Ads of fake anti-virus products spread and become a police case – 02/14/2020 – Equilibrium and Health

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Misleading advertisements for products that are supposed to protect against the new covid-19 coronavirus, such as oral and injectable multivitamins, methylene blue and ozone therapy, have been circulating on social media and concerned medical entities. One became a police case.

Last Thursday (5), the owner of a pharmacy in the metropolitan region of Curitiba (PR) was sued by civil police on suspicion of promoting the sale of multivitamins under the promise of preventing against the coronavirus.

In the ad, the box with 90 capsules of the supplement was offered in a promotion, from R $ 90 for R $ 79.99. The establishment said the product was a complete three-month treatment against coronavirus.

In WhatsApp groups there is also a video of an alleged doctor recommending “immunomodulation with high injectable doses of vitamins D and C and amino acids” as a means of protection.

“You just have to call here at the clinic and schedule your immunoshot,” he says.

In the message, the man states that the SBI (Brazilian Society of Infectious Diseases) advocates strengthening immunity as the only preventive strategy for coronavirus infection.

The entity issued a disapproval note denying the recommendation. In the statement, the SBI also says that there is no scientific evidence that the so-called “immunoshot” prevents infection.

“We still do not have any treatment or vaccine that has been proven to prevent coronavirus. They are taking advantage of this situation, of people’s good faith, to profit from it,” says infectious disease specialist Leonardo Weissmann, a SBI consultant.

According to him, the society also received several questions about the effectiveness of ozone therapy against the coronavirus, after publication of advertising by an aesthetic clinic. Again, there is no evidence about the effectiveness and safety of the treatment for preventing infection.

For the infectologist Esper Kallás, a professor at USP, the most serious thing is that much of this quackery has been practiced by doctors, which, to the unsuspecting, may seem more credible than the other fake news about coronavirus that circulate on social networks.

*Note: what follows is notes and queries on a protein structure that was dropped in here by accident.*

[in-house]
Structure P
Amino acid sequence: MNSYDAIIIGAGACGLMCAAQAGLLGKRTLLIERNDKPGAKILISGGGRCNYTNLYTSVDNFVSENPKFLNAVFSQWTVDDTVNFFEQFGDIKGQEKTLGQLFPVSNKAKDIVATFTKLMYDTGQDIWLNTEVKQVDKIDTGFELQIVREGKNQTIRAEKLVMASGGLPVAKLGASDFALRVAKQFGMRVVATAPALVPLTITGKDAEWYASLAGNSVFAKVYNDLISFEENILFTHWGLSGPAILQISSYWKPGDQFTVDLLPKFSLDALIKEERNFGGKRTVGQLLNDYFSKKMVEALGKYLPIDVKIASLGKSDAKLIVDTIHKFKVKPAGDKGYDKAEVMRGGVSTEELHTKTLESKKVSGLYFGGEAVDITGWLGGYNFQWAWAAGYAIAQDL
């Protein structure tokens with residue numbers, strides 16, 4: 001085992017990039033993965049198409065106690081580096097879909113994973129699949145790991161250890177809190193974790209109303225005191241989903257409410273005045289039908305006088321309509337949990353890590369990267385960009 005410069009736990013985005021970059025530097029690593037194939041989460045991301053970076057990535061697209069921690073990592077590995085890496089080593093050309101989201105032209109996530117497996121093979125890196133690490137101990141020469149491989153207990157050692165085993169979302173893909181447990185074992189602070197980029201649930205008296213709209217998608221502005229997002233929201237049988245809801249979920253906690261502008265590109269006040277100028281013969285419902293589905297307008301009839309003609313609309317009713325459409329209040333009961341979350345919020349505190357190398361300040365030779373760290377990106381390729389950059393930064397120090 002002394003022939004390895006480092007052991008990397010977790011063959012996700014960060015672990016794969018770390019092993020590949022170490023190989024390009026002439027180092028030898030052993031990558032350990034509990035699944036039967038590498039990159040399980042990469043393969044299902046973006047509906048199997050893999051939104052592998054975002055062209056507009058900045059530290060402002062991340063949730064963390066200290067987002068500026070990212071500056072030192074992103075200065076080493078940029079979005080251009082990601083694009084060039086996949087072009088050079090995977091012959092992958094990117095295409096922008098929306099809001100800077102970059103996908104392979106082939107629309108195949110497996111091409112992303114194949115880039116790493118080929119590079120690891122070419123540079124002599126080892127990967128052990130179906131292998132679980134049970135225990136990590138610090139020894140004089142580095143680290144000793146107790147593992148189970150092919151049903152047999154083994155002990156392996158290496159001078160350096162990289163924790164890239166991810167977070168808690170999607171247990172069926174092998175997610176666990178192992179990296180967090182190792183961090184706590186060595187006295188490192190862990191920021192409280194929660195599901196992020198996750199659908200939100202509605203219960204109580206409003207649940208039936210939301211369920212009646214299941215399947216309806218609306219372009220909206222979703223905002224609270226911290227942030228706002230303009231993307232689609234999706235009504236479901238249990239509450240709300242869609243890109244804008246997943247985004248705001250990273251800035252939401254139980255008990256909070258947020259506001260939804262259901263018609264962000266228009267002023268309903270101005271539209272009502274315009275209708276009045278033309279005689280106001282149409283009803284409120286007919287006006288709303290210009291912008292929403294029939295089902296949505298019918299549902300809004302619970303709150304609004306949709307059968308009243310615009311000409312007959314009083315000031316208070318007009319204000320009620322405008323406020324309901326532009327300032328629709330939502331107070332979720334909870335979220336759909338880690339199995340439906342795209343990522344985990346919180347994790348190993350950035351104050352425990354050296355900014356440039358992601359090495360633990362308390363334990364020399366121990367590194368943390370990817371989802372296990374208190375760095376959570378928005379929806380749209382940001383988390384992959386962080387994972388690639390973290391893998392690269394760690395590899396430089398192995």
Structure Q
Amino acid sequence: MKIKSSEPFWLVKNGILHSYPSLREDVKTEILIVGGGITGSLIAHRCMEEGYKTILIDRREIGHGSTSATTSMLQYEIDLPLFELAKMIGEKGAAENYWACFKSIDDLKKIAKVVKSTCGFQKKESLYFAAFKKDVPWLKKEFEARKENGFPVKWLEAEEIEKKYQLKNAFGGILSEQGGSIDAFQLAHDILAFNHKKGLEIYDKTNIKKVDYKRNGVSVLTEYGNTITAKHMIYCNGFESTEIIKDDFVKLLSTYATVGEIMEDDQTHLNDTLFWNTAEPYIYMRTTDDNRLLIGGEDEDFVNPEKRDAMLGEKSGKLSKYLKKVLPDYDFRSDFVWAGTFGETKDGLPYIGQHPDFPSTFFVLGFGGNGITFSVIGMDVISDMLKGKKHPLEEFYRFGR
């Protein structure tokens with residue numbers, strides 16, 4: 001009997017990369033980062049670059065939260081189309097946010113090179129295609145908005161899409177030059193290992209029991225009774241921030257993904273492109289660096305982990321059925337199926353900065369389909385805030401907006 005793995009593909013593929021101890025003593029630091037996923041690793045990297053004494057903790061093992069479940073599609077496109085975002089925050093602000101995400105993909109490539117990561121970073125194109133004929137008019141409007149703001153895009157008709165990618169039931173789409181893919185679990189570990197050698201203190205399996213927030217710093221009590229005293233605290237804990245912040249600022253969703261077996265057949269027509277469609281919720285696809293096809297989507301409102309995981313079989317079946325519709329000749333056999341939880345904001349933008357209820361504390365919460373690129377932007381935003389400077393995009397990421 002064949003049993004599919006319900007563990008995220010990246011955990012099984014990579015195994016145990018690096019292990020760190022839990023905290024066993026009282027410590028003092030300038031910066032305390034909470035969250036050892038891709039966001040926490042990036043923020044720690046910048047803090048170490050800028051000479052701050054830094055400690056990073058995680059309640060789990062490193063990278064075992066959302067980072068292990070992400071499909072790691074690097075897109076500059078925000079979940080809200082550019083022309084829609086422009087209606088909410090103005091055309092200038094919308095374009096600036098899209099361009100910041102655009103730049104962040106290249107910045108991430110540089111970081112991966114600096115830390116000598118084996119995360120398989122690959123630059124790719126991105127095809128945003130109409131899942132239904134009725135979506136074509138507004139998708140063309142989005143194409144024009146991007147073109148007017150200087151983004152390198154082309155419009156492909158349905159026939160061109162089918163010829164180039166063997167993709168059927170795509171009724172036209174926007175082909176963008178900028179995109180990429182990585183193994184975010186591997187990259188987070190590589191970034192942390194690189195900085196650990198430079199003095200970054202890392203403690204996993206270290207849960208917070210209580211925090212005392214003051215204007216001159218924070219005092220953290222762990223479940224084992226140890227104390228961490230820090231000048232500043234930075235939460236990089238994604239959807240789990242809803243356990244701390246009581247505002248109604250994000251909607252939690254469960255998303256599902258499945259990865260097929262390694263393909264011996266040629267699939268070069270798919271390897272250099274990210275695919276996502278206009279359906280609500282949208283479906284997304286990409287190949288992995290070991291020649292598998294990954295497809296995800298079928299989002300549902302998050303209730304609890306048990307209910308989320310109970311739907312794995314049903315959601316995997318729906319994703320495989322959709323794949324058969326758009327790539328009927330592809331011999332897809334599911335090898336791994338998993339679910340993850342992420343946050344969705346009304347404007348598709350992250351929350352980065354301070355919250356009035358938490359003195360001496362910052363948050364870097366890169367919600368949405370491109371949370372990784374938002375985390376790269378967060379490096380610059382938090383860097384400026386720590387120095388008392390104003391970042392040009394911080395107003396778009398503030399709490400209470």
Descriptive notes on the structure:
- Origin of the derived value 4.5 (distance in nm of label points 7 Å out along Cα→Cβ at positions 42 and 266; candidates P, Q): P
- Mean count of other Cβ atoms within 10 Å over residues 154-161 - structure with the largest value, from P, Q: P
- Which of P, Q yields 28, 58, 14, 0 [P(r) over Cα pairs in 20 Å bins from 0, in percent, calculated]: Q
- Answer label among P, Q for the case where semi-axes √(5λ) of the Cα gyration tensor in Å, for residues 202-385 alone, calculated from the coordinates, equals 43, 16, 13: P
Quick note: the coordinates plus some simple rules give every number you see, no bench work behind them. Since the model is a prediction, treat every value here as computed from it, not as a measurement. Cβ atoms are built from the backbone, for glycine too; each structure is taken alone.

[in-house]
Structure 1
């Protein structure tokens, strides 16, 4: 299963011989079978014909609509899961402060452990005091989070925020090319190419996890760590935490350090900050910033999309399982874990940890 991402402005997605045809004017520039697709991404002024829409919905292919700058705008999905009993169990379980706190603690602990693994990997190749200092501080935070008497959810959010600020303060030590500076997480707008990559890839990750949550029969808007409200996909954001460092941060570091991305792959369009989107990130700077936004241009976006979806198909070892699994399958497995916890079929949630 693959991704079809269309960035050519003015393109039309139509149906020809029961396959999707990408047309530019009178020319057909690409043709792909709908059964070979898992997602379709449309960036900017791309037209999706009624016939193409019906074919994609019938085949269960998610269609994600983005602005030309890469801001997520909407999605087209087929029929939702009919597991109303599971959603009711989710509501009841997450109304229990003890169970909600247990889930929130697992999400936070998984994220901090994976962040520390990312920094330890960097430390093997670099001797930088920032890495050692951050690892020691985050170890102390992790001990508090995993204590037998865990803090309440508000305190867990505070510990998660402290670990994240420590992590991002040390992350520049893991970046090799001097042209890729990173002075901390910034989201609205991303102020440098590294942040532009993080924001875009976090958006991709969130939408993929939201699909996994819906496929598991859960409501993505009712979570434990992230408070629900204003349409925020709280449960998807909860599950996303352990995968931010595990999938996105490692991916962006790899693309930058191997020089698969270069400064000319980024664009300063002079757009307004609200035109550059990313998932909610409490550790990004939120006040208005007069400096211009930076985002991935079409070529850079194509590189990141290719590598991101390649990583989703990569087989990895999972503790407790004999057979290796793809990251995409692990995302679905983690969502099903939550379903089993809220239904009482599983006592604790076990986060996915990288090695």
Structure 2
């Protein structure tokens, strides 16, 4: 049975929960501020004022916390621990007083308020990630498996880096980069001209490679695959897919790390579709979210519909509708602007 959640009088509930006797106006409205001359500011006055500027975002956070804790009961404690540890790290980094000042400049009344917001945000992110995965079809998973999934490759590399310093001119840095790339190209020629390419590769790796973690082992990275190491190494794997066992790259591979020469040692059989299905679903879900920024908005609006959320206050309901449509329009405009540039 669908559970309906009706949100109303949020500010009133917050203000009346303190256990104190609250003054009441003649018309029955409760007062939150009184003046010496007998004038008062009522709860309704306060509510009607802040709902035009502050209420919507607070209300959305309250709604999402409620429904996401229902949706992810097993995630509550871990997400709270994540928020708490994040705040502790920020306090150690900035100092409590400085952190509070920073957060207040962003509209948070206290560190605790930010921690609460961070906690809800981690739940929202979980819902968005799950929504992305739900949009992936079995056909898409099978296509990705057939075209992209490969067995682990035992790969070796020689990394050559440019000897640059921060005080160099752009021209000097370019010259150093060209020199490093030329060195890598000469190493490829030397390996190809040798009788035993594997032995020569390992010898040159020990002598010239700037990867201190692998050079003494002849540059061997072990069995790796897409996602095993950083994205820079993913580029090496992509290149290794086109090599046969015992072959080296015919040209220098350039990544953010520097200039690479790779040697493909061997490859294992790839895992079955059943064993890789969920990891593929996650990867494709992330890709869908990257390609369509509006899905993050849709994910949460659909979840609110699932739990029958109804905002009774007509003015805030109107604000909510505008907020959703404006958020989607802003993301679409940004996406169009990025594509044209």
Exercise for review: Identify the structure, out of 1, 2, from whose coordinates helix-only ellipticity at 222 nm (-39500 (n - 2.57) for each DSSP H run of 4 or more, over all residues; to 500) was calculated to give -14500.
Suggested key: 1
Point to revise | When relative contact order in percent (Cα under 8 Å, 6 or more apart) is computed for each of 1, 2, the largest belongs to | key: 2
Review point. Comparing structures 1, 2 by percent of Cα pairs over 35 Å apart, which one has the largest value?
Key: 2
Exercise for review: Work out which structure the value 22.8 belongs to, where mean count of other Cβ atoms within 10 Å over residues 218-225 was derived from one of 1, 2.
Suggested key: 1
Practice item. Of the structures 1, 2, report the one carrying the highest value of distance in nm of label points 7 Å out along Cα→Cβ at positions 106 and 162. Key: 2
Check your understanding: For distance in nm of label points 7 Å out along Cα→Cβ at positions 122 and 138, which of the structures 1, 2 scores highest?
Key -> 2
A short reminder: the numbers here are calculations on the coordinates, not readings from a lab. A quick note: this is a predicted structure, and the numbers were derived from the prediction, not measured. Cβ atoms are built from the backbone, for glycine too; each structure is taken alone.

“It’s people who have CRM [registro no conselho médico]. The patient arrives at the office, sees diplomas hanging on the wall in the waiting room and falls into the siren’s corner. There is no way to discern that you are being deceived. “

According to him, people must always be suspicious of these seductive medical recommendations, which promise things without scientific basis.

“Usually, the guy will earn money with the procedure that, invariably, is not found in pharmacies or hospitals. He only has it in his office.”

For Kallás, these situations need to be reported to the medical councils so that appropriate measures can be taken.

This week, another video circulated with a doctor saying that the injection of methylene blue, an antiseptic solution, could help prevent the virus.

“It is absurd. Nothing is without risk. When you inject or swallow something, there will always be an associated risk,” he says.

These deceptions add up to even more bizarre ones that circulate on social networks around the world.

Even the use of cow urine and cocaine has already been suggested as a prevention of coronavirus. The subject was one of the themes of the WHO (World Health Organization) meeting in Geneva, which ended last Wednesday (12).

Through its Twitter account, WHO has repeatedly denied miraculous treatments, many claiming to be endorsed by the organization and national health ministries. Among them are recommendations for the consumption of garlic, sesame oil and vitamin C.

In the past three weeks, an alliance that brings together more than 90 fact verifiers from 39 countries under the coordination of the International Fact-Checking Network, has published more than 400 checks, most on false ways to prevent and / or cure coronavirus.

On January 28, for example, PolitiFact issued a warning that bleach does not cure coronavirus and that it can cause serious side effects, such as vomiting, diarrhea and severe dehydration.

Fourteen days later, madness was still rampant on social media in the United States, including YouTube, propagated by influencers.

Nor is vitamin C able to prevent infection with the new coronavirus. On January 25, BoomLive, one of the fact checkers in India, warned that this false information was being shared on Facebook.

Four days later, the same lie arrived in Brazil, became popular in WhatsApp groups and was denied by Aos Fatos.

In Italy and Taiwan, news about products with “natural enzymes” for handwashing has gone viral, even without scientific evidence that they serve to protect against the virus.

In the list of fact checks, there are still fake news about cure, like the ones that say that Kenya and Romania have already developed vaccines.

There are some international groups initiating preparations for the clinical tests of substances that are candidates for vaccine and medicines to relieve the symptoms caused by the infection, but there is no product ready or approved by regulatory bodies.

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